Society

Free Associations

by
• 932 words

toronto—Offer: A 1kg can of Maxwell House Original Roast Coffee that is about 90% full…. I usually buy Tim Horton’s coffee, but the price of this can was too good to beat, so I bought it…big mistake…because I don’t like the taste at all. I won’t turn my back on good old Timmy again. lol If you want it, you can have it.

Someone wanted the coffee. In the Greater Toronto Area, population 5.3 million, someone always wants the coffee, and anything else that’s on offer: a broken-down laptop, a stack of aging National Geographics, the liner of a lost London Fog coat, a giant dried-out spider….

Offer: I have two 16 oz bottles of Plant Gro aquatic plant fertilizer. One is Iron enriched, the other is npk. Both are used but almost full (I only used a few capfuls of each). Please take both.

Each day, the email listservs FreecycleTO and freeTOreuse offer gta citizens hundreds of items—free, somewhat used, and available on a first-come, first-served basis. With a combined membership of almost 9,000 people, it’s easy to spend entire days lost in the jumble of semi-anonymous missives.

The freecycle concept was started in 2003 by Deron Beal of Tucson, Arizona, and now includes over a million members in more than fifty countries. This listserv and its imitators, with their awesome barrage of Offers, Wanteds, and Takens, have become portals into the stuff overflow at the heart of Western consumer society, offering fascinating insights into the lives of those with either a deep dedication to social change or way too much time on their hands.

Offer: I have a coupon for $1 off of one package of kotex security tampons. Expires in December 2005. Anyone Interested out there?

Why doesn’t she want the tampons? Have marketers failed to excite her about the brand’s possibilities? Has the company failed to keep pace with changes in the global marketplace, forcing it to offer her an insufficient discount? Or perhaps age has caught up with her—a baby boomer in menopause.

Wanted: Would anyone happen to have a 1976 Chevrolet 350 Truck owner’s manual. I can pick up at your convenience, any time, any where!

It’s not just the giveaways that hint at greater significance. The requests, too, suggest the kind of bittersweet urgency that parlays a simple need into a cosmology of disappointment, desire, and possibility. Consider, for example, a husband and wife who have lost their U tile, each night facing the prospect of playing their beloved Scrabble deprived of a crucial vowel. Or what about: Wanted: Looking for a map of France to help with planning bike trip…thanks a bunch. Our hearts go out to the dreamer whose plan for a sun-drenched cycle through Provence could be derailed for want of a map. But such pain pales when placed next to the agony of: I’m desperate for 2 tickets to Hedley tonight. Can you help me out folks!!! What is Hedley??? And why so desperate? Is romance on the line? Was a promise made and not kept? Could this email indicate the unravelling mind of an obsessive fan?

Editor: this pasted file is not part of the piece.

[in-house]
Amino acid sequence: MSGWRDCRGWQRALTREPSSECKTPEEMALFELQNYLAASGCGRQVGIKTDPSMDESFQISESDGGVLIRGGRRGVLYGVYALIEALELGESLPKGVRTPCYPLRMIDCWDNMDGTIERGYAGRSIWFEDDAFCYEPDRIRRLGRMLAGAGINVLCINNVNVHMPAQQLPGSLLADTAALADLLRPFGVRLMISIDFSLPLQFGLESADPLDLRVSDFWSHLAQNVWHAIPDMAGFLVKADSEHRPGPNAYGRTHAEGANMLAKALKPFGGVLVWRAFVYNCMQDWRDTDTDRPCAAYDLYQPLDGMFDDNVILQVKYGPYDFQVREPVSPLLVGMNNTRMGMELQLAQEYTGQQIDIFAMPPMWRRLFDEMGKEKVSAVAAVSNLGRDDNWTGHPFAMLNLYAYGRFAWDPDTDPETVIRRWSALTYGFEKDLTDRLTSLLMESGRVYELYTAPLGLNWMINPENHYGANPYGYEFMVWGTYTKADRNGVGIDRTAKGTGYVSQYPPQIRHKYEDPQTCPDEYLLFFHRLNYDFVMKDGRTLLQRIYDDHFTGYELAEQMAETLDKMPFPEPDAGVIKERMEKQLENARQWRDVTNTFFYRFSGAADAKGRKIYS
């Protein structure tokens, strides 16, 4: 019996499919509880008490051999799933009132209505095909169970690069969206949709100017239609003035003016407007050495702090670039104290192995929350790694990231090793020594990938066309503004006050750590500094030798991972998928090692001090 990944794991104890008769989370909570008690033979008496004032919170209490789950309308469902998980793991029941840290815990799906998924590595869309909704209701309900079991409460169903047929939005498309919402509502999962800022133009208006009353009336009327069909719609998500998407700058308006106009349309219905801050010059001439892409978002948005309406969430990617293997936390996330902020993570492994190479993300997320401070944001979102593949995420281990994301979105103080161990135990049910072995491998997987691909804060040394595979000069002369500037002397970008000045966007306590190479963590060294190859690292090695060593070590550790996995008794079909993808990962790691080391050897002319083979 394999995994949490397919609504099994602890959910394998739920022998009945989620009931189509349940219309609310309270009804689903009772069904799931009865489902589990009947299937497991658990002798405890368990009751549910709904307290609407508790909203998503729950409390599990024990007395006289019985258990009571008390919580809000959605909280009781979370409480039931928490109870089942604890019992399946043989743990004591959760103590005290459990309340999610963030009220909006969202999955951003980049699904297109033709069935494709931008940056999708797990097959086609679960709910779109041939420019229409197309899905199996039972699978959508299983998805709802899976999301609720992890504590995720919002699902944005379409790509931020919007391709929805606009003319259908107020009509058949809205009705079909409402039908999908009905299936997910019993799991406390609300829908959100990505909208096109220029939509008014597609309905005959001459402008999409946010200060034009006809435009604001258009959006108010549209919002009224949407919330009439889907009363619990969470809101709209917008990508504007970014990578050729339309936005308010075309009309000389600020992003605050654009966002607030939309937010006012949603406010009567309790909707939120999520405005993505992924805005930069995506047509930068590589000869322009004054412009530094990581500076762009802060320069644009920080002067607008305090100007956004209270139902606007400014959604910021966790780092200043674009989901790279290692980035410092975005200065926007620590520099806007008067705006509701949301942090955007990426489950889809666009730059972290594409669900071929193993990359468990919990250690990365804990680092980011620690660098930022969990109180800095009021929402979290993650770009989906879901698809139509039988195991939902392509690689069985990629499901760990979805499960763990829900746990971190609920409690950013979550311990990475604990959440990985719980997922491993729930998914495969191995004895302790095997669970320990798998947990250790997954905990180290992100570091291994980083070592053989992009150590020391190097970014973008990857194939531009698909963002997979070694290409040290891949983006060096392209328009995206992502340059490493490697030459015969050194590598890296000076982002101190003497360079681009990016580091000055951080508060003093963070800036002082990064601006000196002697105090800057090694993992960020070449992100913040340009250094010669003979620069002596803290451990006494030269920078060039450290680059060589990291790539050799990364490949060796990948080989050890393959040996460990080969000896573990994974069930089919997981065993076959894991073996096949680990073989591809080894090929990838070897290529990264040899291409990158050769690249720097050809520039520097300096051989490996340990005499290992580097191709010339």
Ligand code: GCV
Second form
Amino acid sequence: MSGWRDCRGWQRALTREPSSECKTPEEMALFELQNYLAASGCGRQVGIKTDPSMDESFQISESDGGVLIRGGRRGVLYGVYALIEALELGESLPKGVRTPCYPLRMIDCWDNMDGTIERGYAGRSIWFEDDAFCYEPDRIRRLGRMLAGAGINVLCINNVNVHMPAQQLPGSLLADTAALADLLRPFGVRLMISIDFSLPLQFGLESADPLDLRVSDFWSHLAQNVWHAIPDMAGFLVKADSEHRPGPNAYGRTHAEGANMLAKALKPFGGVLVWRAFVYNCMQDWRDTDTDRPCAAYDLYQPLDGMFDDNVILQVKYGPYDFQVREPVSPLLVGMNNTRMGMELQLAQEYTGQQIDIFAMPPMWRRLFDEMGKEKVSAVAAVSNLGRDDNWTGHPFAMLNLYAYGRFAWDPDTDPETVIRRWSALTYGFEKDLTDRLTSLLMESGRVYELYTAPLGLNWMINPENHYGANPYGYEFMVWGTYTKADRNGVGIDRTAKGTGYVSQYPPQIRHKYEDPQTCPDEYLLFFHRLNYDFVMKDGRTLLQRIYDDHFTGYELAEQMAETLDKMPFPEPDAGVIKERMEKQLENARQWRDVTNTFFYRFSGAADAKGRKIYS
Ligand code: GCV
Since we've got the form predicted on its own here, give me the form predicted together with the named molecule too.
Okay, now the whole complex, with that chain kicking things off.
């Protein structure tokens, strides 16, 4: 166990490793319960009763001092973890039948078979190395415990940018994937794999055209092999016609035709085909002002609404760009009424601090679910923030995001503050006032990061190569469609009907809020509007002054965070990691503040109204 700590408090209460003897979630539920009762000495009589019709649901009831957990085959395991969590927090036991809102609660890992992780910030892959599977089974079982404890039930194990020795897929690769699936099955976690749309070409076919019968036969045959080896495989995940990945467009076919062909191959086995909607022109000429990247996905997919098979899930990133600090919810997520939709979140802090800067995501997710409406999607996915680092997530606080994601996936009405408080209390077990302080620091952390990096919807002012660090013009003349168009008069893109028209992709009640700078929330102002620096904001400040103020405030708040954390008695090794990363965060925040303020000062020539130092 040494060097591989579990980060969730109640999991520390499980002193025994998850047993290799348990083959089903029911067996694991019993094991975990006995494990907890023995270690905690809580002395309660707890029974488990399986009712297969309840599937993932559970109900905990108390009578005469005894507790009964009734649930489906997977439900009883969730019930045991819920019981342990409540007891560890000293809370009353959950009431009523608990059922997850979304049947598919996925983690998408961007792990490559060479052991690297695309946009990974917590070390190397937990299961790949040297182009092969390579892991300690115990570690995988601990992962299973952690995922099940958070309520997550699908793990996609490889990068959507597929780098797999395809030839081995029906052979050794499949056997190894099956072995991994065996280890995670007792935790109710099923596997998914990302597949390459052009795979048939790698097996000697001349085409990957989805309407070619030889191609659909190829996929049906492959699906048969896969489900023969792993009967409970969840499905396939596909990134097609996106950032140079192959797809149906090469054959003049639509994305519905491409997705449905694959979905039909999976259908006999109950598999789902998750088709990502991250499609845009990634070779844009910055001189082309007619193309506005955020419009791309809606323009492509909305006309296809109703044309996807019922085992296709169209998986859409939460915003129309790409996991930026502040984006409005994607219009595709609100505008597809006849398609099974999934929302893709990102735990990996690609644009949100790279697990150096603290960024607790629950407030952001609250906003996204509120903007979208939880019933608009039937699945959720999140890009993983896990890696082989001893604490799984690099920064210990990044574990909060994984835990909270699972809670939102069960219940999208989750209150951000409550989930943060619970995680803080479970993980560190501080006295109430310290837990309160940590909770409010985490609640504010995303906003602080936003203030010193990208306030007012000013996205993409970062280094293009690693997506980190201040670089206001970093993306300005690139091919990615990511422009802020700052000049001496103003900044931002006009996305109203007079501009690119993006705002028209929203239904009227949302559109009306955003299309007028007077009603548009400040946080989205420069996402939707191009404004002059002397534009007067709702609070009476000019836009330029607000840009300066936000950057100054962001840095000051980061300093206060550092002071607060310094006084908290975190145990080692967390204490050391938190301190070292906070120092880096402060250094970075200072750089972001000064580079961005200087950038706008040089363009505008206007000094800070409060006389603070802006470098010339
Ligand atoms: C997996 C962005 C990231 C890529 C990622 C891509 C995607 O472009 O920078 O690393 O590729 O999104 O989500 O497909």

Wanted: People to stop abusing this site by asking for concert tickets…this is to keep things out of landfill sites, right???

Is this really about saving the environment? A Wanted from a woman looking for nasa patches to make a spacesuit for her son suggests a shared existential crisis—a mini-universe of like-minded satellites orbiting endlessly. Perhaps the freecyclers of Toronto are just trying to stave off loneliness. After all, most of us who have stuff worth giving away have friends to give away to?—?baby clothes, for example, passed on from mother to mother through the usual network of neighbours, work associates, ageing high-school chums, and family.

Re: Taken: I am looking for the lady I was suppose to call in regards to the girly items…my cell phone broke and that is what had your number in it…lol please email me again with the number…thanks

When traditional aspects of community fade, people seek new ways to connect. Speed-dating, webcam voyeurism, online backgammon with anonymous strangers living in faraway countries. Freecycling is on this continuum—not just as environmental disposal or never-ending garage-sale end-of-day giveaway, but as expression of existence: yes, I’m out here, somewhere, and I have something for you, or want something from you, and all I’m asking for is a kind word and prompt pickup, which isn’t too much to ask, merely (when you think about it) the bare-minimum acknowledgement that I am.

Response to Offer: hi, i am wondering if u still have your futon? i am a single mother of two small children and i am currently sleeping on a futon but the mattress is no longer any good and the frame is all cracked, it is very old and i havent had the money to replace it.

And maybe, just maybe, something else will happen. Maybe somewhere in the far-flung metropolis, two strangers meet to give and receive and actually pause for a minute. They talk. They keep in touch. Two mothers supporting each other—one with an extra futon; one tired of sleepless nights.

Or a man and a woman, a past and a future suddenly intertwined by a mattress. In the throes of a newfound friendship, they tire of monitoring Toronto’s endless output and intake. They drop off the list, but that’s no big loss. They have each other now; the anonymous business of giving and getting can continue without them.”

Hal Niedzviecki is a writer, speaker, culture commentator, and editor whose work challenges preconceptions and confronts readers with the offenses of everyday life.